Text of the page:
Foot Fault!

Calling all the lines of professional tennis

Is Serena Williams Headcase-y?

2013 French Open - Day Ten

A pout - it always begins with that pout. Slowly the pout morphs into a frown, which in turn makes way for the infamously melodramatic “crying face”. Before long, loud and pitifully desperate sound effects compliment her facial expression, and the alarm bells ring in Serena Williams’ head as she panics and descends in complete meltdown.

Despite the luxury of a 6-1 set under Williams’ belt, this is exactly what happened as Kuznetsova broke her serve in the opening game of their second set and toiled to finally make her presence known in the match. The same could be seen a round earlier as Sorana Cirstea merely found herself with two break points in the second second set. When Caroline Garcia simply held serve twice at the beginning of set two, Williams’ volume rose again as she painfully killed the match. Even in her first round against the lowly and laughably under-powered Anna Tatishvili, the one single competitive game in the second set was enough to send Serena into a tailspin.

So, what is the root of this bizarre behaviour from the world number one? Between last year’s full-scale meltdown and her countless infamous chokes at Roland Garros over the past decade, many believe her lack of composure is only natural. Others, of course, brand her actions arrogant and disrespectful to the opponents she has mostly demolished en-route to her first semi-final in a decade. Regardless, this behaviour appears to be symbolic of a fundamental flaw that has enveloped Serena’s game over the course of the last few years.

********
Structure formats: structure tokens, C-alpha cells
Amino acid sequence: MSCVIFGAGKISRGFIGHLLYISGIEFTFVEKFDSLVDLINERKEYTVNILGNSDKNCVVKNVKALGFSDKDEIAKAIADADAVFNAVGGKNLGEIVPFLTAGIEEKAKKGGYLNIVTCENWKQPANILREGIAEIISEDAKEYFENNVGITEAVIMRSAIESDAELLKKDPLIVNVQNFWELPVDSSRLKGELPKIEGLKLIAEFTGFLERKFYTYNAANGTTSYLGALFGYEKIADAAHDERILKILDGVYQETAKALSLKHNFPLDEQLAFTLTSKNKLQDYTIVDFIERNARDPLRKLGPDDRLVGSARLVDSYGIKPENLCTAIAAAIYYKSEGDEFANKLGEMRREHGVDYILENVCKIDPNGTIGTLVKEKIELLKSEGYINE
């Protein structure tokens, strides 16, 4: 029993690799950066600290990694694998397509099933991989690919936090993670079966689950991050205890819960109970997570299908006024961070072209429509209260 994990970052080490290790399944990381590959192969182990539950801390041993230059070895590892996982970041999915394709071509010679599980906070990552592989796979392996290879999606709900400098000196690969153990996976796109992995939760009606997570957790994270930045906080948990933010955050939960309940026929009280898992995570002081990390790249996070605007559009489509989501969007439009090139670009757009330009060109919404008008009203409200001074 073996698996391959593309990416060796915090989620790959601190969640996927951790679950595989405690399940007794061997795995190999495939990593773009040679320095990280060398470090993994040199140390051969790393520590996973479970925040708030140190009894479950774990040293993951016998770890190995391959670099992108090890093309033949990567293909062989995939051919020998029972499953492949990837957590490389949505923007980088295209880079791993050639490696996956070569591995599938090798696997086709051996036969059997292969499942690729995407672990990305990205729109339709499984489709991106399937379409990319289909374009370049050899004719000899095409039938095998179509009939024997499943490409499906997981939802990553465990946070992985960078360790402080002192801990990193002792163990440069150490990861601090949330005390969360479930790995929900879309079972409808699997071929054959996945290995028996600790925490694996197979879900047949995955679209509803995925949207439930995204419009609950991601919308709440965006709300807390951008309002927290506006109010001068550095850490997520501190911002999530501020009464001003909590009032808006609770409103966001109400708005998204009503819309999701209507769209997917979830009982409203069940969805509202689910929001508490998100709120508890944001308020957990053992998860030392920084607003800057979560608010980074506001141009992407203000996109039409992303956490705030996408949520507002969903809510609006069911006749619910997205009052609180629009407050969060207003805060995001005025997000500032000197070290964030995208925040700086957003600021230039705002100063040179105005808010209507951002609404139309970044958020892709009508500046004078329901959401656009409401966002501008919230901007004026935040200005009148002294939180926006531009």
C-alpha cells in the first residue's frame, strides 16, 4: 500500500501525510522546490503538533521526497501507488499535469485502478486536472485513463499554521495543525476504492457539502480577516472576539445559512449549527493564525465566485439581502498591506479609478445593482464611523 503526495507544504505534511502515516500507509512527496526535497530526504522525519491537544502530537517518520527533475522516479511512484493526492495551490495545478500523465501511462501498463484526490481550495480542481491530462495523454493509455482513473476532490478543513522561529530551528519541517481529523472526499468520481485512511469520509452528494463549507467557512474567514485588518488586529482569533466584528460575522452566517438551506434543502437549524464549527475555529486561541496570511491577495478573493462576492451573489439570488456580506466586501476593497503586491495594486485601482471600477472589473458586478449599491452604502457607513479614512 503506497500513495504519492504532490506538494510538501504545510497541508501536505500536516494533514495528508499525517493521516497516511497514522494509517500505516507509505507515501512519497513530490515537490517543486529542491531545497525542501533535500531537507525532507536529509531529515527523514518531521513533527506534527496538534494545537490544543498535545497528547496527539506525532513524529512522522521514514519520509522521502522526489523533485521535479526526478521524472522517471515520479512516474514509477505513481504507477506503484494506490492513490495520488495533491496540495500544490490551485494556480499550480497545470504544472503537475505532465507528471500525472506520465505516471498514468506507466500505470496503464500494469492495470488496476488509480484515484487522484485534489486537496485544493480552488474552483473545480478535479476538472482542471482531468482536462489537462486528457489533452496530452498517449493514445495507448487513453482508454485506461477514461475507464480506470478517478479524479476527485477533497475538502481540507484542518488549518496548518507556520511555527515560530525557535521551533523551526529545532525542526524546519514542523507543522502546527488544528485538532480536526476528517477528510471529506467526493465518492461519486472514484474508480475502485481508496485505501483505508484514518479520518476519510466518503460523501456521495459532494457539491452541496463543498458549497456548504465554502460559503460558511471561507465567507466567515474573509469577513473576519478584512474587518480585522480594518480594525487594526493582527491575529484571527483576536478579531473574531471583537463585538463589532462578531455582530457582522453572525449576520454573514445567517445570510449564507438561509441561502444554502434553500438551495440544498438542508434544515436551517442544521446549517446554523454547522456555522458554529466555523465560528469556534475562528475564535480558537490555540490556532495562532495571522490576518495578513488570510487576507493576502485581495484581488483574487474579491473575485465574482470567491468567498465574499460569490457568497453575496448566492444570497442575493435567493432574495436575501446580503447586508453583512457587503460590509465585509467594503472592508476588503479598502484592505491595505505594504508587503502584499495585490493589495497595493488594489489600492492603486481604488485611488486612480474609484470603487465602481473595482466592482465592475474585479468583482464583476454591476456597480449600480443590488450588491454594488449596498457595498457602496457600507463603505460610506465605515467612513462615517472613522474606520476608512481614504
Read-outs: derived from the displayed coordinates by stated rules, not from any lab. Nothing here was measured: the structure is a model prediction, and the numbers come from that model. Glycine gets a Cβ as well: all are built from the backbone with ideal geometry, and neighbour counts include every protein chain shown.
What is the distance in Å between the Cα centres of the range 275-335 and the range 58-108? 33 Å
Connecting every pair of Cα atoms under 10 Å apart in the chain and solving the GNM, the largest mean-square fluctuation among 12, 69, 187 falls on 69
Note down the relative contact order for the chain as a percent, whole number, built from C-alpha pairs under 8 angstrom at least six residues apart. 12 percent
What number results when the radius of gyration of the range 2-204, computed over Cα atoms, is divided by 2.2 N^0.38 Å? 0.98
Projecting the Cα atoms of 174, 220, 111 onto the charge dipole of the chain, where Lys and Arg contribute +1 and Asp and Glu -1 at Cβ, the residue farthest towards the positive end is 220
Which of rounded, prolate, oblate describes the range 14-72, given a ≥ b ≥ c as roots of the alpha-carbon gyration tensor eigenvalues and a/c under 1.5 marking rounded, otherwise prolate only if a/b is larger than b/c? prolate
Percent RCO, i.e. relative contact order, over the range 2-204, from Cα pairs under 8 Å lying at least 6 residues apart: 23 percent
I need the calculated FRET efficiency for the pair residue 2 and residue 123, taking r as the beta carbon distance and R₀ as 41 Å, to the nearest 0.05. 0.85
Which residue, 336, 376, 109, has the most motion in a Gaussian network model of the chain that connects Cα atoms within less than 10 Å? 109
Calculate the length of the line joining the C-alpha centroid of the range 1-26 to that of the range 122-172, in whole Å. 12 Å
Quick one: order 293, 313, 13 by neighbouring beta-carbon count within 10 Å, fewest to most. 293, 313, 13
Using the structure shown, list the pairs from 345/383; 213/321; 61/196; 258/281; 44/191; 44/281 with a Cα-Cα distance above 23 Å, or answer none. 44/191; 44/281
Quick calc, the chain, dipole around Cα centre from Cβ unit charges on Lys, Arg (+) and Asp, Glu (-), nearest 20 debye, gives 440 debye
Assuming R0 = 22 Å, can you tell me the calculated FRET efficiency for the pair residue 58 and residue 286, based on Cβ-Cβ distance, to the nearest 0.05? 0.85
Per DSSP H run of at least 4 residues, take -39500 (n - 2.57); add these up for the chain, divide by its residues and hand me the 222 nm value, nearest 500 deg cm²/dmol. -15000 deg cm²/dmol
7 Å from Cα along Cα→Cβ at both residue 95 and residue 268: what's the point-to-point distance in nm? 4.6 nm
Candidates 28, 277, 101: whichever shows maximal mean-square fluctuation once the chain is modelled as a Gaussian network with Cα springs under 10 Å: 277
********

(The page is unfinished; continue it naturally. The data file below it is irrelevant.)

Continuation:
It’s easy to forget that long before the foot and health issues of 2010-2011, Serena saw constant criticism for her attitude towards competing. It was no secret that, to her, only the slams mattered. When she didn’t withdraw and actually bothered to show up at WTA events, it was clear that she simply didn’t care enough. However, the ends justified the means. She would arrive at the slams having suffered shameful defeats to the likes of Sybille Bammer just days before, only to snatch the big prizes with aplomb. When players did push her to the limit of her powers, despite not properly warming up her competitive juices up at the warm-up events, she would dig deep and showcase the supreme mental strength that has become synonymous with her success. Between her record in finals, her famous ability to launch roaring comebacks against the very best and the sheer clinical manner in which she peaked on the stage it most mattered, it fast became clear that Williams had become one of the most mentally supreme champions ever to play the game.

Since her return in 2011, things have have changed. Given her previous reputation, perhaps one of the most remarkable stats in recent history is that, excluding walkovers, Williams has won 12 of the 15 WTA non-slam events she has entered since Stanford 2011, with her total win-loss record in non-slam events standing at a breathtaking 85-3. By comparison, she managed only four WTA titles between 2007 and 2010 - a period that yielded 6 slam titles - with a 75-18 record at non-slam tournaments.